Predators is the Predator franchises answer to Aliens. As they figure making it plural will make it better. They sort of succeed. After the abysmally bad Aliens vs. Predator: Requiem, both franchises decided to go their separate ways. The first standalone movie to be made was Predators. Since I was still underaged at the time, I couldn’t go to see the movie. Despite not directing it, this is very much a Robert Rodriguez movie. The constant swearing, questionable leads, and brutal violence are very much his style. Predators takes the hunt away from Earth. Instead a crew/cast of Earth’s most deadly killers is placed on a planet that acts as a game preserve. Adrien Brody plays a mercenary named Royce. He may have gotten jacked, but he’s still not intimidating enough. Royce is joined by soldiers, inmates, gangsters, and a very out of place Topher Grace as a doctor. They eventually run into Laurence Fishburne as a soldier who’s been stuck on the planet for years. As the title suggests, there are several predators to deal with. Predators even introduces a different faction called Super Predators. Tracker, Falconer, and Berserker are much more intimidating hunters that have a blood feud with the classic predators. They also use dog-like aliens on their hunt. While it can’t compare to the original, Predators at least tries to recapture its testosterone fueled action. By returning to the basic shoulder cannon, wrist blades, and by doing a few callbacks. Predators is probably the closest thing to a good Predator sequel we’ll ever get.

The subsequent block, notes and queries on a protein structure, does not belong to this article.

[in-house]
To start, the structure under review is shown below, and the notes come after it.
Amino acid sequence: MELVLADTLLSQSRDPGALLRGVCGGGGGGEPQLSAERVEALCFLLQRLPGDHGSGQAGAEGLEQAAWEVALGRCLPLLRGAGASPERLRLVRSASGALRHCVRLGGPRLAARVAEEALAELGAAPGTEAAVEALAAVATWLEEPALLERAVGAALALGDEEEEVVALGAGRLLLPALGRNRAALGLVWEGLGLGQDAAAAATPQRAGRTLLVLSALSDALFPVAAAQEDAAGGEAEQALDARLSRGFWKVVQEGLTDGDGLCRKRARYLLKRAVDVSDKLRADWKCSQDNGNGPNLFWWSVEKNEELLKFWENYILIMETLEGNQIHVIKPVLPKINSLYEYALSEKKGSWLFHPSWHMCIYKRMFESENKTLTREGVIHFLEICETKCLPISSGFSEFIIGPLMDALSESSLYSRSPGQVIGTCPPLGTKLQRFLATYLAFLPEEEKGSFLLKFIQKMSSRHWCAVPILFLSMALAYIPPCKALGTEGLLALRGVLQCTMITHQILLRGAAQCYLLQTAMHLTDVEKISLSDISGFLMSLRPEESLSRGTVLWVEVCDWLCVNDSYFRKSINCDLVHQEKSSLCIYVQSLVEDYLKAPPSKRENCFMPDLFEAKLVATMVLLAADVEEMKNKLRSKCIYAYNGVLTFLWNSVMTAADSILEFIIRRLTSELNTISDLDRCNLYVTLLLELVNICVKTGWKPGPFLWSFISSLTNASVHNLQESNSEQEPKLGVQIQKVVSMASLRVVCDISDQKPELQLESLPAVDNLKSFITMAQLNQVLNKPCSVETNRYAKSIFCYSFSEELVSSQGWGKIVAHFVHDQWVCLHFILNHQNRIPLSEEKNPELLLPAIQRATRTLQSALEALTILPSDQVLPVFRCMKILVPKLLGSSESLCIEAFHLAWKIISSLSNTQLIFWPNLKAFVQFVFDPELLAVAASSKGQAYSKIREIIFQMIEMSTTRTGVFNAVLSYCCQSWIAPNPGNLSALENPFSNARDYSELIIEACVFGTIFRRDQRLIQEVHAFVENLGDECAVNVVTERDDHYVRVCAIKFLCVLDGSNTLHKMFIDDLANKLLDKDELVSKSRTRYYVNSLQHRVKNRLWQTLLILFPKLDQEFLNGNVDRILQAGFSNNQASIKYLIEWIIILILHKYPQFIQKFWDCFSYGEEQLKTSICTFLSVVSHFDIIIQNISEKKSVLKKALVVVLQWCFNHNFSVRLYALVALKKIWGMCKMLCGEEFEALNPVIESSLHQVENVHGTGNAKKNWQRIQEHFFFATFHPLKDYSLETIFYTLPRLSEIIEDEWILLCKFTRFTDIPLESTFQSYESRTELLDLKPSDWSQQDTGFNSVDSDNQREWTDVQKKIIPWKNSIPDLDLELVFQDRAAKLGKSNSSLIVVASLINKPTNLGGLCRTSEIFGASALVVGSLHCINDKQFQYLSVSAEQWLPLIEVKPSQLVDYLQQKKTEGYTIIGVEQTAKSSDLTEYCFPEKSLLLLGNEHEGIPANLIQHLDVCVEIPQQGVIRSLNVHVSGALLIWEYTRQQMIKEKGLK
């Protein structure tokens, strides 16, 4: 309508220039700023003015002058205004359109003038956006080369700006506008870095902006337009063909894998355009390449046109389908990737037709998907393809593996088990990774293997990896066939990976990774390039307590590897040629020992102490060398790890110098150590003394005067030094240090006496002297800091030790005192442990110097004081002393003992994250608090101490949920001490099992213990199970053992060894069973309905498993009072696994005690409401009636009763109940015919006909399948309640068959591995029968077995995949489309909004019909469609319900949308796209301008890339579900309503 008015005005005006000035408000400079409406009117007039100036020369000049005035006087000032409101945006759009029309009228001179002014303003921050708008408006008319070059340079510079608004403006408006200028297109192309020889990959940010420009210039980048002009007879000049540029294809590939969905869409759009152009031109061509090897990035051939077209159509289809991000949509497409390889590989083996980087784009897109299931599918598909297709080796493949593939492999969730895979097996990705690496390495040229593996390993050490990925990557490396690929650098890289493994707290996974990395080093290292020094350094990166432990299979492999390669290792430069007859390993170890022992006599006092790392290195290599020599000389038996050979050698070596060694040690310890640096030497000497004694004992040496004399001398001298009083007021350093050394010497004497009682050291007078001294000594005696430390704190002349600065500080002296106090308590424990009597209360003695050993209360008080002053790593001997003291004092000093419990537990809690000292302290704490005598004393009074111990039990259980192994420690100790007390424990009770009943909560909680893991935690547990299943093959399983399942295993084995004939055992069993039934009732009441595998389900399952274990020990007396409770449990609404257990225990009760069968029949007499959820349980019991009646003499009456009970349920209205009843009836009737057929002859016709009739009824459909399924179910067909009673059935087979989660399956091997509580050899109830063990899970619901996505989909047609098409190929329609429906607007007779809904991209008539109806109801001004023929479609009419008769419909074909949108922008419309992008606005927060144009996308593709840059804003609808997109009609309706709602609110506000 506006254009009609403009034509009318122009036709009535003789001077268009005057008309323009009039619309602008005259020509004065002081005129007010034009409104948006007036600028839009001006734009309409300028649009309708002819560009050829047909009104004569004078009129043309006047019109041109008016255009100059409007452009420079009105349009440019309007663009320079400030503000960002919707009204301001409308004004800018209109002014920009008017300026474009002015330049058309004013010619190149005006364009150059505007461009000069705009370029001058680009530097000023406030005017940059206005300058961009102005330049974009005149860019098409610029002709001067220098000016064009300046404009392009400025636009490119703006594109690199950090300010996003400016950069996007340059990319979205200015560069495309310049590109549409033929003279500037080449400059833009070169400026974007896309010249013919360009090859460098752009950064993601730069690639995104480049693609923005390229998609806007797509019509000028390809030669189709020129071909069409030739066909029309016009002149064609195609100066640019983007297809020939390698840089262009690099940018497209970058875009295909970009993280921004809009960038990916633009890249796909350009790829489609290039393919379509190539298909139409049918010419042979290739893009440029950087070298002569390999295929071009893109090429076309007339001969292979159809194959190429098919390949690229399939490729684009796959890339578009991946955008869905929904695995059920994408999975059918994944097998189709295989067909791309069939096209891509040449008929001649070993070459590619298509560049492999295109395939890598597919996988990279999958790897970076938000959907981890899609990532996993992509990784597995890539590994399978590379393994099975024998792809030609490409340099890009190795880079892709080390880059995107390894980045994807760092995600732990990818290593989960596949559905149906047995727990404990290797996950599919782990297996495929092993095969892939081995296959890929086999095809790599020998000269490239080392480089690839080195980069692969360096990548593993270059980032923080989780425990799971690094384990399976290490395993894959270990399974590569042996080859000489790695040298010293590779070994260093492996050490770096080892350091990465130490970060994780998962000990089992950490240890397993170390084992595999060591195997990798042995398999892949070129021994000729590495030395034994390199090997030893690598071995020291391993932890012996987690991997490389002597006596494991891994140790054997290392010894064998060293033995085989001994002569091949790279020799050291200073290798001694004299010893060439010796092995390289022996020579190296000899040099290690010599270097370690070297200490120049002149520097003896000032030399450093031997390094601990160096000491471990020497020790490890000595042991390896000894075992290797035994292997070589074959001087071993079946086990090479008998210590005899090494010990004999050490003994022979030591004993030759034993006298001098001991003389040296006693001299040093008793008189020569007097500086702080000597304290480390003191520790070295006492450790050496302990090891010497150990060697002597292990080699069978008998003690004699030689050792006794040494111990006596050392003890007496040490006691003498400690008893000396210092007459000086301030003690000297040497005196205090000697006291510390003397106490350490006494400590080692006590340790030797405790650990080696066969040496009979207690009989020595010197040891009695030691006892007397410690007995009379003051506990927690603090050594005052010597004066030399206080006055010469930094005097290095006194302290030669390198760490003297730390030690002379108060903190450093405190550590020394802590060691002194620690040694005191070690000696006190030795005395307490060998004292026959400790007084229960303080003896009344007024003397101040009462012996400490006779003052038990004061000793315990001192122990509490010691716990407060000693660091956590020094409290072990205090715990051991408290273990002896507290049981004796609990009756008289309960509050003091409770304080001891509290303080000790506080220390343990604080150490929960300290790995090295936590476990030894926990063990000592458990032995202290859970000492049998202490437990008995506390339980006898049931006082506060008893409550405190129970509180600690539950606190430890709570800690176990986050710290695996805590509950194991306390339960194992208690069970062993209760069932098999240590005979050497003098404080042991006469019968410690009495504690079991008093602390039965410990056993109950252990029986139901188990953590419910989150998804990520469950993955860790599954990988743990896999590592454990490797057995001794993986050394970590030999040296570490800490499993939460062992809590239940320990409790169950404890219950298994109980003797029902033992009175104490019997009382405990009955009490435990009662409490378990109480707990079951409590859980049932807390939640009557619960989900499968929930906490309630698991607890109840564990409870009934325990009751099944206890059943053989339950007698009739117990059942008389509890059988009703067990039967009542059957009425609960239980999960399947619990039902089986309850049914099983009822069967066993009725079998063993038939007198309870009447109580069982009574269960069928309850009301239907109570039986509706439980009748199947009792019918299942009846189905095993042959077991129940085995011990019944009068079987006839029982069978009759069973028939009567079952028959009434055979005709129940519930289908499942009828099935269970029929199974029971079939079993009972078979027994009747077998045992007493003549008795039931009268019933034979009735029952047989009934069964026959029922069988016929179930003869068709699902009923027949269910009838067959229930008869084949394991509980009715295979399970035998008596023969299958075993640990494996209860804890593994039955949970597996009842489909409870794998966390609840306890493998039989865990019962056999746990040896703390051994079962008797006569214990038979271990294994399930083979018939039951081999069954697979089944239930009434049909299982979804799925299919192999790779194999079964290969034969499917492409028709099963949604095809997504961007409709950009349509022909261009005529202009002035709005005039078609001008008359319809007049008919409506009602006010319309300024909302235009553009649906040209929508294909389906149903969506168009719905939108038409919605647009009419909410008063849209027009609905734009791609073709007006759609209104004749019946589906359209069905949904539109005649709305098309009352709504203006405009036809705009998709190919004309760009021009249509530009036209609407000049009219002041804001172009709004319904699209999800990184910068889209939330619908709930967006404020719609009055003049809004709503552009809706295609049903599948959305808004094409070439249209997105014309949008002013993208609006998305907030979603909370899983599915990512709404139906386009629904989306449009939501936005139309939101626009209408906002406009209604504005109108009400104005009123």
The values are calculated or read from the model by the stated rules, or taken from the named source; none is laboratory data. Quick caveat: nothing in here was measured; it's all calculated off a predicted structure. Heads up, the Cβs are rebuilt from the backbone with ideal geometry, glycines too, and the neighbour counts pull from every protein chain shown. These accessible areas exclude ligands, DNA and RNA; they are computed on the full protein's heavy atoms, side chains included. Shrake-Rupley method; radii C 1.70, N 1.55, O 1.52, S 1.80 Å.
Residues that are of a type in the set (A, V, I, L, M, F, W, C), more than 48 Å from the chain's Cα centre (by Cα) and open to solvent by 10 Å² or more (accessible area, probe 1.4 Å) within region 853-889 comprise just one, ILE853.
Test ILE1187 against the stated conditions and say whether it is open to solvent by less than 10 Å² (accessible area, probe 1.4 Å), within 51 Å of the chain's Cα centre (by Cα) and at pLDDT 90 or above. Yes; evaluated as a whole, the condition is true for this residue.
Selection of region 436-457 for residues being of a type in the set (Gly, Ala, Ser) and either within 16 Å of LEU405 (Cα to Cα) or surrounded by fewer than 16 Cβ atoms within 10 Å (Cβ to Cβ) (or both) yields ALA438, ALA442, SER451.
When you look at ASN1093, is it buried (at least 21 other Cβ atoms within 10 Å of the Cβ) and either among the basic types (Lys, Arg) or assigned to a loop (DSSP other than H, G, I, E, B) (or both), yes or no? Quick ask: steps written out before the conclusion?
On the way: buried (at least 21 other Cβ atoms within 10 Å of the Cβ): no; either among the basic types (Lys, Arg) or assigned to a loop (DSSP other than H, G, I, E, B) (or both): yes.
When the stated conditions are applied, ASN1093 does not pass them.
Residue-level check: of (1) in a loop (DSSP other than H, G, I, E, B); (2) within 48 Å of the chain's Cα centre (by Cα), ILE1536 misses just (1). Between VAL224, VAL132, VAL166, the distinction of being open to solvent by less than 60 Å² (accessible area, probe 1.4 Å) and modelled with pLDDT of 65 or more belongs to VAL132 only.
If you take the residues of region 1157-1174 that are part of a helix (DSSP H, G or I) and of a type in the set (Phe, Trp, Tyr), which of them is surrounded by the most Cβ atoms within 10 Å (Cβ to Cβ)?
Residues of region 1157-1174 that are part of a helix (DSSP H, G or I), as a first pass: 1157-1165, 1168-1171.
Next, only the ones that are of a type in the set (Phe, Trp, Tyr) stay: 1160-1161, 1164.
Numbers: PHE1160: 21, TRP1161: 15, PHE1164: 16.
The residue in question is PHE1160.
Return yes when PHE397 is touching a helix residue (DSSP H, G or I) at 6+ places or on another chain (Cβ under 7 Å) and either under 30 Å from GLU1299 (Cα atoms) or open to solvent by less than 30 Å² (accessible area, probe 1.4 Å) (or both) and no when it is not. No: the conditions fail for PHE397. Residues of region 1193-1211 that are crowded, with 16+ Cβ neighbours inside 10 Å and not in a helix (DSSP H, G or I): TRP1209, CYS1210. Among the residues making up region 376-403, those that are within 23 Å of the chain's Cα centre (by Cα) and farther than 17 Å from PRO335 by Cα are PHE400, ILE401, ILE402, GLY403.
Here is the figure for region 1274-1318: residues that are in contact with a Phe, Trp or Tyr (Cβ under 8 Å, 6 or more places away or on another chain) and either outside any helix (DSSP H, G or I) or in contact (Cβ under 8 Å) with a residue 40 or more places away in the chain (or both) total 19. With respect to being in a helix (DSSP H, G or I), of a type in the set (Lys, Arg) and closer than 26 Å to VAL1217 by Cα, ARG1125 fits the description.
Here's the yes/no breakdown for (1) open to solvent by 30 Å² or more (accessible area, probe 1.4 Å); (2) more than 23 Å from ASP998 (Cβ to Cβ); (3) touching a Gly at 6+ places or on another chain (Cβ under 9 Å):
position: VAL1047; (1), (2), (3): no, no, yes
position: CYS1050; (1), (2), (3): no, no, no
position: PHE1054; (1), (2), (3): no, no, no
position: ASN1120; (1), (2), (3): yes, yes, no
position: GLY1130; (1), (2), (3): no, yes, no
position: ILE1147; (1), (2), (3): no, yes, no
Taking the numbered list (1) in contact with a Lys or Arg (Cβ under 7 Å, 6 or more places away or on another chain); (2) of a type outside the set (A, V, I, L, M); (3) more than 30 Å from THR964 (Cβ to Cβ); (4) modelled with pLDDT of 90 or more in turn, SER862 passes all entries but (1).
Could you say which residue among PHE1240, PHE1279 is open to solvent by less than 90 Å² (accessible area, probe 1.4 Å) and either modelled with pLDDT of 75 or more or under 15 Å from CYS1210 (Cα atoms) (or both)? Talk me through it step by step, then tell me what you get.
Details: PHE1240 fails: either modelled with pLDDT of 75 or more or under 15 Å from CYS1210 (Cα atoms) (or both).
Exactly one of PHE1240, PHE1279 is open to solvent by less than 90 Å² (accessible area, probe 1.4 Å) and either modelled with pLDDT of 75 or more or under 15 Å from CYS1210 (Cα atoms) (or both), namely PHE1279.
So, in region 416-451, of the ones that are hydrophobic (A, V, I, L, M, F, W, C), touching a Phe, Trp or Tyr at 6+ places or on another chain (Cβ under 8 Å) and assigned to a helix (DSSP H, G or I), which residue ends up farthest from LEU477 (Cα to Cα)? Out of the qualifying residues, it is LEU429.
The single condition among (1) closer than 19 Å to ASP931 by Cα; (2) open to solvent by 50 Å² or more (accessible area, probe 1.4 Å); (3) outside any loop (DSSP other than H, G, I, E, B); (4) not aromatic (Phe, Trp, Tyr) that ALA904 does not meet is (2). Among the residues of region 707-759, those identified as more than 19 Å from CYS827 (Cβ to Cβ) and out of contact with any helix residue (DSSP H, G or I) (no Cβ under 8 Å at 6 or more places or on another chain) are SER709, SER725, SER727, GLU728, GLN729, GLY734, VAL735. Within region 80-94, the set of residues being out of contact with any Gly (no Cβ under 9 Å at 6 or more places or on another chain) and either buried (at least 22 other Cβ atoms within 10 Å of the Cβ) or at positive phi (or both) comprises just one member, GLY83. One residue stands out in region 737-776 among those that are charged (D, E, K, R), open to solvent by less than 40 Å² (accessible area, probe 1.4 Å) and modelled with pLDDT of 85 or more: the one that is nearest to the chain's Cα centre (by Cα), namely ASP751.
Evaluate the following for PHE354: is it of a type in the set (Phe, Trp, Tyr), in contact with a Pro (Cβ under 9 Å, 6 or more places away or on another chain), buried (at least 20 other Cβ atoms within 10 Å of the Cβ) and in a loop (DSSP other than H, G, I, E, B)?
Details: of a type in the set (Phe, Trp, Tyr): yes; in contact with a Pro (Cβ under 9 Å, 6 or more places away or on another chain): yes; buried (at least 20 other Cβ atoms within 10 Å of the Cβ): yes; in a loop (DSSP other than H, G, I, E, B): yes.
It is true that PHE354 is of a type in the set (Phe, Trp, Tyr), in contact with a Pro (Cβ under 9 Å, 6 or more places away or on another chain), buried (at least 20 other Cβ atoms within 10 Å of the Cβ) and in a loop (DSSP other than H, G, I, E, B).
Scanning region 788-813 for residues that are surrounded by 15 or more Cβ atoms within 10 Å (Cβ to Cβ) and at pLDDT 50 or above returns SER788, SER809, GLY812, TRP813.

Aliens vs. Predator: Requiem is hands down the worst thing to come out of the Alien and Predator franchises. Although I was still pretty young, I wanted to go see the movie since I saw Alien vs. Predator. But while AVP had an overly sanitized PG-13 rating, AVP: R has an overly graphic hard R rating. It’s like they can’t get the tone right. Seeing the red band trailer and offensive tagline (“This Christmas, there will be no peace on Earth”) was enough to turn me off seeing it. My first attempt to watch it ended after 10 minutes. When I finally watched it I realized that was a good decision. AVP: R is practically a slasher film. It’s dark, has no actors you’d recognize, the plot is meaningless, and the violence is too gruesome. When I say it’s dark, I mean you can barely make things out half the time. AVP: R takes place immediately after AVP. The chestburster grows into a Predalien. A hybrid of both creatures. It’s pursued by a predator named Wolf that’s tasked with cleaning up all evidence of Xenomorphs. The setting is Colorado and the only crew/cast is townspeople. There’s something very off about aliens roaming a residential area. Things are taken way too far due to the people caught in the crossfire. A kid is facehugged, a girl’s father is killed in front of her, a love interest dies, and I don’t even want to mention the tasteless hospital scene. In the end, the entire city is nuked leaving only a handful of survivors. Then they try to have a plot by introducing Ms. Yutani. Aliens vs. Predator: Requiem crosses a line that effectively killed the crossover franchise.